Around 1874 the British Empire was very interested in the Pacific Islands these islands were, Fiji, Vanuatu (then known as New Hebrides), Tonga, Samoa, Papua New Guinea, New Zealand, Solomon Islands and Tahiti.
With major chiefs of the Pacific Islands converting to colonies of the British Empire during WWII their systems in civilised living was adopted, including their coinage system.
The British Empire was the creator of coins in the Pacific Islands these coins were made at the Royal Mint in London from 1934 and stopped around 1966, and then the Royal Mint in Australia took over.Â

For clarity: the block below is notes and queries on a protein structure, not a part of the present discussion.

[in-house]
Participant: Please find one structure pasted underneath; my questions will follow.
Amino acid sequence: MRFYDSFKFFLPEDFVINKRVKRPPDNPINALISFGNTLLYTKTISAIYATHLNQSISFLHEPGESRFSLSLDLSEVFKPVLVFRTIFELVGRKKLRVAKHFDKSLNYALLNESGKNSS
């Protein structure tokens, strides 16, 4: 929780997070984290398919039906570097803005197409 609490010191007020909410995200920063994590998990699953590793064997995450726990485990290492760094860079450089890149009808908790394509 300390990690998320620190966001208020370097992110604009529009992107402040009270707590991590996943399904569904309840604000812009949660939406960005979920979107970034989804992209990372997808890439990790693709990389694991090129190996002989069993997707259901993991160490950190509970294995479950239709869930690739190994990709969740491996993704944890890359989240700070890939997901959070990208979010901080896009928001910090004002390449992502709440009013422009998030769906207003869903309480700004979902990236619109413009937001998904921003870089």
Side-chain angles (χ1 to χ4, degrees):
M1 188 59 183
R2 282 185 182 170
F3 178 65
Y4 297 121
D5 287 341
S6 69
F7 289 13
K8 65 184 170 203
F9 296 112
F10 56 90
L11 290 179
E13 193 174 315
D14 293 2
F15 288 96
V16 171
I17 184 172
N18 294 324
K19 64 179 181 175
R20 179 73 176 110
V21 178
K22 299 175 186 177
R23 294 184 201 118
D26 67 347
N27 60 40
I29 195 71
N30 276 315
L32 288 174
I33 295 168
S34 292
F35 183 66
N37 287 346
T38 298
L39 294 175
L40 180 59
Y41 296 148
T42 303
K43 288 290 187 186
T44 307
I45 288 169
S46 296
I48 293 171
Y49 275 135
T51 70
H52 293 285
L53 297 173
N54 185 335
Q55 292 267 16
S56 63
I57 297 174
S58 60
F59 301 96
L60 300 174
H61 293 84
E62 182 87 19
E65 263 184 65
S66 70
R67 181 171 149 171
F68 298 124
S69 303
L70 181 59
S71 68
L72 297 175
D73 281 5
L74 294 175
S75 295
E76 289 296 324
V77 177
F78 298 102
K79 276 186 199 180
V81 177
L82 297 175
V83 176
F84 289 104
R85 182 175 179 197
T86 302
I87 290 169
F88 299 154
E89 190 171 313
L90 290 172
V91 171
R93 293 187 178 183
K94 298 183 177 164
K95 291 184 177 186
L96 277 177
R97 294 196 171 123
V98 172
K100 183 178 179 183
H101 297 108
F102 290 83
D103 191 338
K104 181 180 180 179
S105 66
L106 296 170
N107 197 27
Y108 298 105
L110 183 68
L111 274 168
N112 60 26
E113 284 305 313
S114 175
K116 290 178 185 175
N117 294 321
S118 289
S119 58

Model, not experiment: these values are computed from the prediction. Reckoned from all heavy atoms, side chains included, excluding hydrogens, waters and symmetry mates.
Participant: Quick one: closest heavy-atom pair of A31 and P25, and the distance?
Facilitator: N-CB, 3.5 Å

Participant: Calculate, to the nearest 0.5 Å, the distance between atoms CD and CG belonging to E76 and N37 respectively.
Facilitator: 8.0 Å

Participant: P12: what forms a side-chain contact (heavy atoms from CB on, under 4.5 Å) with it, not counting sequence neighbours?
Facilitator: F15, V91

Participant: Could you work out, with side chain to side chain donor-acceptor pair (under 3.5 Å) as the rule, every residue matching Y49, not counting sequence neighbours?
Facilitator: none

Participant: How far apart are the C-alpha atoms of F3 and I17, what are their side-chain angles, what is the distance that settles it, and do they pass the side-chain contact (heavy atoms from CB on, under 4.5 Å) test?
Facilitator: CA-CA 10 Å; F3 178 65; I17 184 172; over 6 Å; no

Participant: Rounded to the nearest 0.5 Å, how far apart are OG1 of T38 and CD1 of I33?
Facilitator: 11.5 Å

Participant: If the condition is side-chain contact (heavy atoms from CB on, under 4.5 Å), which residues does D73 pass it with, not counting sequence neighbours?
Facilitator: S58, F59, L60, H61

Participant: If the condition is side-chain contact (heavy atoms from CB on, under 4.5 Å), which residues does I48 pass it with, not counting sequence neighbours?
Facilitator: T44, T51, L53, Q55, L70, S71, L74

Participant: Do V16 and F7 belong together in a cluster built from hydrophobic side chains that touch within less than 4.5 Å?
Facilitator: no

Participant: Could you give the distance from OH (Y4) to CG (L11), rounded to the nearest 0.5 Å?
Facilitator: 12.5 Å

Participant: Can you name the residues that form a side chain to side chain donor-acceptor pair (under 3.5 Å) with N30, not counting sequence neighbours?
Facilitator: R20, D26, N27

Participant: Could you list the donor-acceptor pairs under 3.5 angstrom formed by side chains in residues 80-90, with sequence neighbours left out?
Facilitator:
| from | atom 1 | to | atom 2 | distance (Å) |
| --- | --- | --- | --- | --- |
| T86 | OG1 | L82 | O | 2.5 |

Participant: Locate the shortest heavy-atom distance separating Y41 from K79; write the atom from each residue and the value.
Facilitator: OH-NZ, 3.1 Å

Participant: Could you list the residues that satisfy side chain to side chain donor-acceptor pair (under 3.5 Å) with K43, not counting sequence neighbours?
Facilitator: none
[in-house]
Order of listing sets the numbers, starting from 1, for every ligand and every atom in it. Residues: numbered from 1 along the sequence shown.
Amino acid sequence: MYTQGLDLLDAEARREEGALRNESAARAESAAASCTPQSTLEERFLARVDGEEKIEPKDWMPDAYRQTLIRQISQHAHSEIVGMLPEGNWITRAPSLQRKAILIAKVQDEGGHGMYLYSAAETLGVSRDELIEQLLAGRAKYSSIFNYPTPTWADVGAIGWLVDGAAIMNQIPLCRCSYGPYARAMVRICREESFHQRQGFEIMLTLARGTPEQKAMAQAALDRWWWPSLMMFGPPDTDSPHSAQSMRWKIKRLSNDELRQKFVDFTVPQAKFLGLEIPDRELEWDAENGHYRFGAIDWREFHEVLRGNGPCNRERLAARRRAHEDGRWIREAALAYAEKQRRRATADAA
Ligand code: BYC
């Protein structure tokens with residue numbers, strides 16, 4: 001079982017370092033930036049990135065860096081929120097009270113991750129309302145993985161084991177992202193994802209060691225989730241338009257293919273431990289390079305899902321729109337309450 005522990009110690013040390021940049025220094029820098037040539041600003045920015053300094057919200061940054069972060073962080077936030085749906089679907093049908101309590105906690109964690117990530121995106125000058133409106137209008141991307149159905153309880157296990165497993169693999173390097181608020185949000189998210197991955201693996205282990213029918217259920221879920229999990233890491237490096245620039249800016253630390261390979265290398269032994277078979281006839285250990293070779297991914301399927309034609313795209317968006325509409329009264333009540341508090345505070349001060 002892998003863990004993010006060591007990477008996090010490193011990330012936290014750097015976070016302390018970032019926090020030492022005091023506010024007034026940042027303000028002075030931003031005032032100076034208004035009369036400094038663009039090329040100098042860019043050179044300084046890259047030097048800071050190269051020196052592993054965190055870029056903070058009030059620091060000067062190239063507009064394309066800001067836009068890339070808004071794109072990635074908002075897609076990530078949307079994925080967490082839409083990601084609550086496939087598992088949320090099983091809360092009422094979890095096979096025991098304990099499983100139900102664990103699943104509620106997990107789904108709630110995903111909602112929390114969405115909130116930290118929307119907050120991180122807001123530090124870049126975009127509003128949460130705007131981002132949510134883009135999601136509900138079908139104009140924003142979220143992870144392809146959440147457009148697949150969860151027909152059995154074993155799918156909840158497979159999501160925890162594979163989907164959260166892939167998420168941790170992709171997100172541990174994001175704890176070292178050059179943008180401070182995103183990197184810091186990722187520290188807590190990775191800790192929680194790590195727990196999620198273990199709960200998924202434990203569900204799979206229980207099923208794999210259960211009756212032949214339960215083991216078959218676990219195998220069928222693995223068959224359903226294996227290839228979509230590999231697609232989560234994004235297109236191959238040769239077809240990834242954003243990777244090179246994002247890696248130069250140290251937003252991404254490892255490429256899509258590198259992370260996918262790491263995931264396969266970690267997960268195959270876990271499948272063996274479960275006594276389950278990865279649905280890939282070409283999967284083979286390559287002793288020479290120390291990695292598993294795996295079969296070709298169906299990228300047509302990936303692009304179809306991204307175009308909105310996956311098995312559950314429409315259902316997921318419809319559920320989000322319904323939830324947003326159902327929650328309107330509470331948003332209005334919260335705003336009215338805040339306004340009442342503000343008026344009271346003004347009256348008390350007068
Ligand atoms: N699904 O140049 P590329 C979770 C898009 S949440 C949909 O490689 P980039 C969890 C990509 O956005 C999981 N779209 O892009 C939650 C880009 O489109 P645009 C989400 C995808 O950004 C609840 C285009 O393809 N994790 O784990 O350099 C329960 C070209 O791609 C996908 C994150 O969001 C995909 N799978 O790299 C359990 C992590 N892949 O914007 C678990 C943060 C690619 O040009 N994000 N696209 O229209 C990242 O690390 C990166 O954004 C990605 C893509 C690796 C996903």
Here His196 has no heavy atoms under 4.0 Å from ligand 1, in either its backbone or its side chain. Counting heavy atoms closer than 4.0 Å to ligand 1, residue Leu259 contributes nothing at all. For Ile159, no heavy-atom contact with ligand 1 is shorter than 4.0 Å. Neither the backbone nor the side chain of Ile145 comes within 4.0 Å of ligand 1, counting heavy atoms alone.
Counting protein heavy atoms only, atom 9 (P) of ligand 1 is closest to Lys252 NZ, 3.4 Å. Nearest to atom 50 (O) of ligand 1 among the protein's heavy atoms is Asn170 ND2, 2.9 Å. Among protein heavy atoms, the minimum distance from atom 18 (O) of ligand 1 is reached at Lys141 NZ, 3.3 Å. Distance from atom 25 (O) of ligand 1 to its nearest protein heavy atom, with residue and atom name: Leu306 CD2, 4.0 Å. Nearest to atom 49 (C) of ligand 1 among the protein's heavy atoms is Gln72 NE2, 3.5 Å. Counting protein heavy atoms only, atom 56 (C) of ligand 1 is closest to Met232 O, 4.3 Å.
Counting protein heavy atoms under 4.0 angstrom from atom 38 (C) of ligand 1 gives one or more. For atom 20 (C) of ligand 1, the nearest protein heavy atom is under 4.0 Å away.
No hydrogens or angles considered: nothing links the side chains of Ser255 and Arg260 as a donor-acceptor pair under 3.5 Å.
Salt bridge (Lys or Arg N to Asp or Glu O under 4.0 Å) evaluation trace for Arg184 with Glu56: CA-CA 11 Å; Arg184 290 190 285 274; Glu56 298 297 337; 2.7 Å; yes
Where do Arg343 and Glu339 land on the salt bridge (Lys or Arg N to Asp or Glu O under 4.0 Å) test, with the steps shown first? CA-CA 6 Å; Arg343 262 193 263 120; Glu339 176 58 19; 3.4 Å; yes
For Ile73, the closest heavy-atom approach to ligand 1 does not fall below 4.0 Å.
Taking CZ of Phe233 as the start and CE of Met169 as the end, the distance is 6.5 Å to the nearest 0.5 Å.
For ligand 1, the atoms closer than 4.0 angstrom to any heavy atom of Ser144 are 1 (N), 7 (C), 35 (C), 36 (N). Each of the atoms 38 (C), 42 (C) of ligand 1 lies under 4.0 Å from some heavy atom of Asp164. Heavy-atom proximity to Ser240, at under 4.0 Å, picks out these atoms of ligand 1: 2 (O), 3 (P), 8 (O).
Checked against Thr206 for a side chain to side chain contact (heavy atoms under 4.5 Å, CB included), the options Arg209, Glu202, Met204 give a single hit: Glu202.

The first coins stuck at the Royal Mint in London for the Pacific Islands were; Silver Florin, Shilling, Sixpence, Cupronickel Penny and Halfpenny.Â
The Royal Mint in Australia was built in 1966 and did not want to be another branch of the Royal Mint in London.Â In 1942 Pennies for the Pacific Islands were struck in Brass and relocation was in need of change due to WWII difficulties and the Royal Mint in Australia could not handle the work load.Â The new location for striking of the pennies was San Francisco, Denver and the Royal Mint in London.
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